Greens want Metro extended to Beechwood


The Green Party has recommended that the proposed Metro route be extended below the Luas Green line to Beechwood to solve the problem of excess demand on this route.

The route of the Metro North was published today by the Railway Procurement Agency (RPA) and the Minister for Transport, Martin Cullen.

It links Stephen's Green with Lissenhall, north of Swords, with 15 stops and will able to carry 20,000 passengers an hour. Trains will run every four minutes at peak time and can increase to one every 90 seconds if required.

The route chosen by the RPA will see the Metro travel under the Liffey to serve O'Connell Street , the Mater Hospital, Dublin City University, Griffith Avenue, Ballymun, the airport and on through Swords to Lissenhall.

But Eamon Ryan, Green Party transport spokesman, said the Metro should also be extended to Donabate, due to the rapid expansion of that area. He is also calling for the Stephen's Green station to be built on the existing road space on the west or south side of the square to avoid disturbance to the green itself.

In the absence of even a ballpark costing, the whole project has a massive credibility gap
Fine Gael's Transport spokeswoman, Olivia Mitchell

"Our aim should be to make Dublin the best serviced capital city in the world. That vision requires us to have a first-class public transport system. The success of Luas shows that the people in Dublin are more than willing to get out of their cars," he said.

Ballymun Regeneration Limited, the team charged with redeveloping the north Dublin estate, said it was a further boost to an area already being improved by the biggest physical, economic and social regeneration programme in any European city.

Ciaran Murray, managing director of the body, said: "The provision of the Metro link will further integrate the Ballymun area with the social and economic life of the city and the wider Dublin region."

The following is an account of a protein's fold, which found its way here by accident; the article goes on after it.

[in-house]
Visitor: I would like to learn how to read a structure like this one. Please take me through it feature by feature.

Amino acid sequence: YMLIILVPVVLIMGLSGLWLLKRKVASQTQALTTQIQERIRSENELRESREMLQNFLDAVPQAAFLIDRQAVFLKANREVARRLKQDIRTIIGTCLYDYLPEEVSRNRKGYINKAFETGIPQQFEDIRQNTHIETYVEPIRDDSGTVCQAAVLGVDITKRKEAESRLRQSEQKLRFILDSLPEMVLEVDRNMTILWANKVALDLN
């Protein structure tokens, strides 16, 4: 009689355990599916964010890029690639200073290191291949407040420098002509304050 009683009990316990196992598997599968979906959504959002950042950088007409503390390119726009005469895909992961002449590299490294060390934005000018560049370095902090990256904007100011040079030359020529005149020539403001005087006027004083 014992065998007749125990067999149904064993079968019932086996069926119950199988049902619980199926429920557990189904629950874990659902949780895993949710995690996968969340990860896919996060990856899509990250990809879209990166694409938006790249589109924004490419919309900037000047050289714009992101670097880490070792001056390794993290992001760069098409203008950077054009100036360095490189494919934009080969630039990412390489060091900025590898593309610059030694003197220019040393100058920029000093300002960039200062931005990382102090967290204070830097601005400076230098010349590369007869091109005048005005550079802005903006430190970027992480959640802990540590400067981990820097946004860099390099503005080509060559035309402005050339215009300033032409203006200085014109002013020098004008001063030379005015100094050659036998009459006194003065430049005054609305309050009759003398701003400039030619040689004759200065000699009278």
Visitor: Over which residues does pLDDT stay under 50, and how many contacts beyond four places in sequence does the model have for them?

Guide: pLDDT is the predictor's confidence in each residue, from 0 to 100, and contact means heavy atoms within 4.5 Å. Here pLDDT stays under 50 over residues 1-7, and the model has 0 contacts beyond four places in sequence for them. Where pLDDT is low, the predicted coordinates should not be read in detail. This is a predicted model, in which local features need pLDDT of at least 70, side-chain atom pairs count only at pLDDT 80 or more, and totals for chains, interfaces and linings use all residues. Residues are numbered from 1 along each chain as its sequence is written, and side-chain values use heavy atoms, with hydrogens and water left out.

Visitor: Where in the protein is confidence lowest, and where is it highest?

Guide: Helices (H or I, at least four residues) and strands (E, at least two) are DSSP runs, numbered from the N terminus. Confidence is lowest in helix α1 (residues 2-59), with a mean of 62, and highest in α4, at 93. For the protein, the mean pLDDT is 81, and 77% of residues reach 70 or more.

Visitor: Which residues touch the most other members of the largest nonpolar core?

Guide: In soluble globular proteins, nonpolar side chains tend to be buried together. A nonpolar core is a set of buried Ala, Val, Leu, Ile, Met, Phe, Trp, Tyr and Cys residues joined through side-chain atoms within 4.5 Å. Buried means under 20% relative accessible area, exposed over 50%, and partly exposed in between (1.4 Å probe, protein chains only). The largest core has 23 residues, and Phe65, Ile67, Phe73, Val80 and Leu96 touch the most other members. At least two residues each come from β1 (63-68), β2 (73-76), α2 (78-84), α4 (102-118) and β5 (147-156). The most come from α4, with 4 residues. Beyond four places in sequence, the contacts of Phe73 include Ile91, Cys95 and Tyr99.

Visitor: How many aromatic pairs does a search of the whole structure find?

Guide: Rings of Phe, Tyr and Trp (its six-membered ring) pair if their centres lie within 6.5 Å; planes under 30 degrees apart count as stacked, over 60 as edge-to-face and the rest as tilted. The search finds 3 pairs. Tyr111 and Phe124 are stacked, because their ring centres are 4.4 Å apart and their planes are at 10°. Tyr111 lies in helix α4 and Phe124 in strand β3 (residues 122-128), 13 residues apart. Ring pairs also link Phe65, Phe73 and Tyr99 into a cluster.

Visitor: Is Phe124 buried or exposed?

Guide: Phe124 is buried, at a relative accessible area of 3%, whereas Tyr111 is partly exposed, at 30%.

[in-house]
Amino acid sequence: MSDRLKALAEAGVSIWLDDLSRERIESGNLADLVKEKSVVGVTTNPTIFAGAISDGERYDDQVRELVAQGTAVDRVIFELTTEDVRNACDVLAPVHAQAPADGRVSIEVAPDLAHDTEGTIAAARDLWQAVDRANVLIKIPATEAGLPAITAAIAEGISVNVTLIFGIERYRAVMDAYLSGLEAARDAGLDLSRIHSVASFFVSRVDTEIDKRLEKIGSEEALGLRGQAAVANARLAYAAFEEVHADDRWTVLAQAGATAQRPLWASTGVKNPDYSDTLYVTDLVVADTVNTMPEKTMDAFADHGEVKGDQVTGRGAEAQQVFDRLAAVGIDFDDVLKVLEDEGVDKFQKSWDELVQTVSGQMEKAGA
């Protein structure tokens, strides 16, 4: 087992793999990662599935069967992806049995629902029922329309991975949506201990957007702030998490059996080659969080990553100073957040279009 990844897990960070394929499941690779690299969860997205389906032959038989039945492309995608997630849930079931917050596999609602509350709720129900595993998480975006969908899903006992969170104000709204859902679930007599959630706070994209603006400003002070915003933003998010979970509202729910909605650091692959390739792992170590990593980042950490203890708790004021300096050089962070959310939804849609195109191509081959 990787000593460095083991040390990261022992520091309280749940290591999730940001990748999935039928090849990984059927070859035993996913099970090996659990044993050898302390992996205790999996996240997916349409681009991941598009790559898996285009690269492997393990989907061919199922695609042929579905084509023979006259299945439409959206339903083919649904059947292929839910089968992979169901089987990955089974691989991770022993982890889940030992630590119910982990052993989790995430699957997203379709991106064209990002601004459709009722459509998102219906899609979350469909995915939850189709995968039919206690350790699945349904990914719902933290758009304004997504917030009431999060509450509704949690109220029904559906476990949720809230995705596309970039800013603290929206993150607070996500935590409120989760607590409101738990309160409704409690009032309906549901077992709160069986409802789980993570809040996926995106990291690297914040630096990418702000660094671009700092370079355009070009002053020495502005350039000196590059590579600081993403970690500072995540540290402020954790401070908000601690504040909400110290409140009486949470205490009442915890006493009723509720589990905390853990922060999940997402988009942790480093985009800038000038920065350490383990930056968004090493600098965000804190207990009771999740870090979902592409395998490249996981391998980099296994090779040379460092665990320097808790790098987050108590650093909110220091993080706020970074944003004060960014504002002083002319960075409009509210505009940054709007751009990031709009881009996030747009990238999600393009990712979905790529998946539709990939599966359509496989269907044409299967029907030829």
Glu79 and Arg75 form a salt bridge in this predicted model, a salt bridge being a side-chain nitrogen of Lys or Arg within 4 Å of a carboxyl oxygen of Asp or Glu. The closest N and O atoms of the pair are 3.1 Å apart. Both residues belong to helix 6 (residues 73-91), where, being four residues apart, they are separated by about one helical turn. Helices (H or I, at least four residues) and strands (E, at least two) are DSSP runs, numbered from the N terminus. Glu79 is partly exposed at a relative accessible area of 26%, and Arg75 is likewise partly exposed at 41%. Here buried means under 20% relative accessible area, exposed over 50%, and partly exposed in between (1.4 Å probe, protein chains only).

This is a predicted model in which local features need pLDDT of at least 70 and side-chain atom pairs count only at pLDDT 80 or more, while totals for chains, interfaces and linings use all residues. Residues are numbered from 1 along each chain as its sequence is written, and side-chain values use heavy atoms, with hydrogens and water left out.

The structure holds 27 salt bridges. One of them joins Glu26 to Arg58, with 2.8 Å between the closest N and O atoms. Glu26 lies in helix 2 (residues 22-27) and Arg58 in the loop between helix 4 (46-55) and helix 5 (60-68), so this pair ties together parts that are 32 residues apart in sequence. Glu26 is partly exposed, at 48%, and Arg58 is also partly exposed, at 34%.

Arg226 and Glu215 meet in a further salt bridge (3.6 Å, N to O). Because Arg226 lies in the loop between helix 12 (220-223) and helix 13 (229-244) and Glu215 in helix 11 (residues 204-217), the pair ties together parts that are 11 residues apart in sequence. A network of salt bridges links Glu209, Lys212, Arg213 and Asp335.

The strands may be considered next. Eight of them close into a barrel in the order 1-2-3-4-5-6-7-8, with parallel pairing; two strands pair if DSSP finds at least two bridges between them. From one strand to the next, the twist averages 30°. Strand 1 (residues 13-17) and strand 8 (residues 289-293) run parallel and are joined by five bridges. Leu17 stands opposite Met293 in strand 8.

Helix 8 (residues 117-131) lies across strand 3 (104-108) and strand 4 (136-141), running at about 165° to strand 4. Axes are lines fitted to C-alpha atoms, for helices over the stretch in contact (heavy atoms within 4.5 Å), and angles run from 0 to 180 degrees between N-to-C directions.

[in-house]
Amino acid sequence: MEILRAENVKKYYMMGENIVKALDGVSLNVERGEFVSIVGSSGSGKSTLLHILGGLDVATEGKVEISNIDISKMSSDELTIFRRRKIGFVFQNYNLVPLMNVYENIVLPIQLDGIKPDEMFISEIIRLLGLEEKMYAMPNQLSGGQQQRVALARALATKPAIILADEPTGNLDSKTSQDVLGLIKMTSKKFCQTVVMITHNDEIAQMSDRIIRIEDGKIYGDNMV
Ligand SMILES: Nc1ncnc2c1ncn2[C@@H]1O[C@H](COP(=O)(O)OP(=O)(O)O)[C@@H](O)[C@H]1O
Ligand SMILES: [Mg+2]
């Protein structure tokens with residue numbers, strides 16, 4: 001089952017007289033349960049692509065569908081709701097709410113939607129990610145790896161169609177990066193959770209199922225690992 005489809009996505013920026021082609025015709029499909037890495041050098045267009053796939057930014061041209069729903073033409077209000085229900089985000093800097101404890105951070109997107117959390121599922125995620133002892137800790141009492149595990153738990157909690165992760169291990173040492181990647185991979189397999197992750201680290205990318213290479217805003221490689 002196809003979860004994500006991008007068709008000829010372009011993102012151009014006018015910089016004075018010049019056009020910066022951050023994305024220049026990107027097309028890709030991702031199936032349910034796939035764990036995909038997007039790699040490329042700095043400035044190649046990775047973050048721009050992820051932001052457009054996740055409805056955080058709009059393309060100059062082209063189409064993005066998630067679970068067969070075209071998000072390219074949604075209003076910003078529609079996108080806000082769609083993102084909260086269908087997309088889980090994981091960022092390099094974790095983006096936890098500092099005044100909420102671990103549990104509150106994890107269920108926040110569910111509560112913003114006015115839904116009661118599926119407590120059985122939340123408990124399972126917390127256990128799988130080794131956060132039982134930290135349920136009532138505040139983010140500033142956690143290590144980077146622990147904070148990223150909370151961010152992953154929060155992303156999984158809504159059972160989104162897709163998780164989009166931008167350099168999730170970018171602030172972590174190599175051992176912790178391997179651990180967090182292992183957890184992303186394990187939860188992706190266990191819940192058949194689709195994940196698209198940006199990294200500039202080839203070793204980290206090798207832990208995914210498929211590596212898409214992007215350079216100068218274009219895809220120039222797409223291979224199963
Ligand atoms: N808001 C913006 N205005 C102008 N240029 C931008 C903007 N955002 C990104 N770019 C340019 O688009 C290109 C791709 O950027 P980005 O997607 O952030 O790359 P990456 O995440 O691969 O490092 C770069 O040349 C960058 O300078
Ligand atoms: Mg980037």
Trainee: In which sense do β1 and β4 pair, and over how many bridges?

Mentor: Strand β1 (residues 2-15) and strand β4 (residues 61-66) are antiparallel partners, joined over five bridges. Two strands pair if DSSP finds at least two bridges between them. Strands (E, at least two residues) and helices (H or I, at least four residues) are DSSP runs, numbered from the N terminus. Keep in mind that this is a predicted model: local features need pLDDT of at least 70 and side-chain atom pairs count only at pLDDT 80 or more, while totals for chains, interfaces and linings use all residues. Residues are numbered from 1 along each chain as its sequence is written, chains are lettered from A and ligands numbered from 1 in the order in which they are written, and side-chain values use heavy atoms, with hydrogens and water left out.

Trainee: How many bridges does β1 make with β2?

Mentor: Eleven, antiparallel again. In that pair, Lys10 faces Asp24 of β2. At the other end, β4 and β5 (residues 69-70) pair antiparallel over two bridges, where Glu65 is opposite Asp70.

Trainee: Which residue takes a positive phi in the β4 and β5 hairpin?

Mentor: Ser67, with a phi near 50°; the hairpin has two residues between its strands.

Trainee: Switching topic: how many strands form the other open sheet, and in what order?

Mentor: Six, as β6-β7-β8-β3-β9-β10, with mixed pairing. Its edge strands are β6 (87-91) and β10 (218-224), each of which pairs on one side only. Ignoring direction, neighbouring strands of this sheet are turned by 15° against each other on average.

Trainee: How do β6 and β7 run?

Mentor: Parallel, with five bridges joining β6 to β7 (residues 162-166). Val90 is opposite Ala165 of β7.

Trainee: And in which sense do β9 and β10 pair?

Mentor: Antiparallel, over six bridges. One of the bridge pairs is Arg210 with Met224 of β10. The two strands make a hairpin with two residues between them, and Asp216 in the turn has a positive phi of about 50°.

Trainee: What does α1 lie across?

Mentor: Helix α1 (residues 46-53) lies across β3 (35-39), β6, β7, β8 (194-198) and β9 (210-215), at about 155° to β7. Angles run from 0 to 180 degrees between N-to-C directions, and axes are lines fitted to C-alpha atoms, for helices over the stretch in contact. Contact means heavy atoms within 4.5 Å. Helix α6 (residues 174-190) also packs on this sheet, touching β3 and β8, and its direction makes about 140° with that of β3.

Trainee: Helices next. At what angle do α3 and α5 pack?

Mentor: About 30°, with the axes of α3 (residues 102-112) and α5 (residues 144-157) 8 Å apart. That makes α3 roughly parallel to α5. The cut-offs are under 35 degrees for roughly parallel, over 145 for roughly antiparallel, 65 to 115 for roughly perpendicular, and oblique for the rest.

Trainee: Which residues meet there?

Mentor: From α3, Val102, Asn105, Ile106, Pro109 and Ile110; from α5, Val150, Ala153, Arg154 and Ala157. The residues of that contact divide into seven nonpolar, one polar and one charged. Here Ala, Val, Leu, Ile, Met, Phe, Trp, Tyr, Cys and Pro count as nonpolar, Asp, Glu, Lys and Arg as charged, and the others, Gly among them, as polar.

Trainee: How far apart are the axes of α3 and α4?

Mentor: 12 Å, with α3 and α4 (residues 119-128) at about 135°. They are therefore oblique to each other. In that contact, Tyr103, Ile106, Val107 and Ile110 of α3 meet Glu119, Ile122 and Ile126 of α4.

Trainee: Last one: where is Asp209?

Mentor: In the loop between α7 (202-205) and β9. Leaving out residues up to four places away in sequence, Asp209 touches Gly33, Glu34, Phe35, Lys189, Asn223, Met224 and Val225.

Chambers Ireland noted that workers in Dublin lost nine hours a month due to traffic congestion last year, and it

urged the RPA to ensure work started soon.

Spokesman Dan Loughrey said: "It seems foolhardy to wait until 2009 to commence work on this line. The Spanish government built a metro in three years, we should be able to do the same and not wait until 2012 for it to be completed."

Fine Gael transport spokeswoman Olivia Mitchell said the Minister's refusal to give a cost was tantamount to writing a blank cheque with taxpayers' money.

"Progress towards a high-speed, high-capacity rail spine for Dublin, however late, is welcome. However, in the absence of even a ballpark costing, the whole project has a massive credibility gap.

"This is the single largest infrastructural project undertaken in this State in terms of its cost and timescale, and also in terms of disruption to the capital city.

"The last costing estimate was done in 2003, and various figures ranging from €1 billion to €5 billion have been touted. We have no idea what the final cost will be, but by the time the metro has been completed the cost could be anything up to €15 billion," Ms Mitchell said.

"Minister Cullen is being disingenuous when he claims that having a budget would influence the price. In this, as in every other public project, it is the competitive tendering system which determines the price," she said.

Tom Morrissey, Progressive Democrats transport spokesman, said: "Twenty-four-hour tunnelling is the way forward for such projects because it will reduce costs and ensure that this essential work is completed on time and in budget."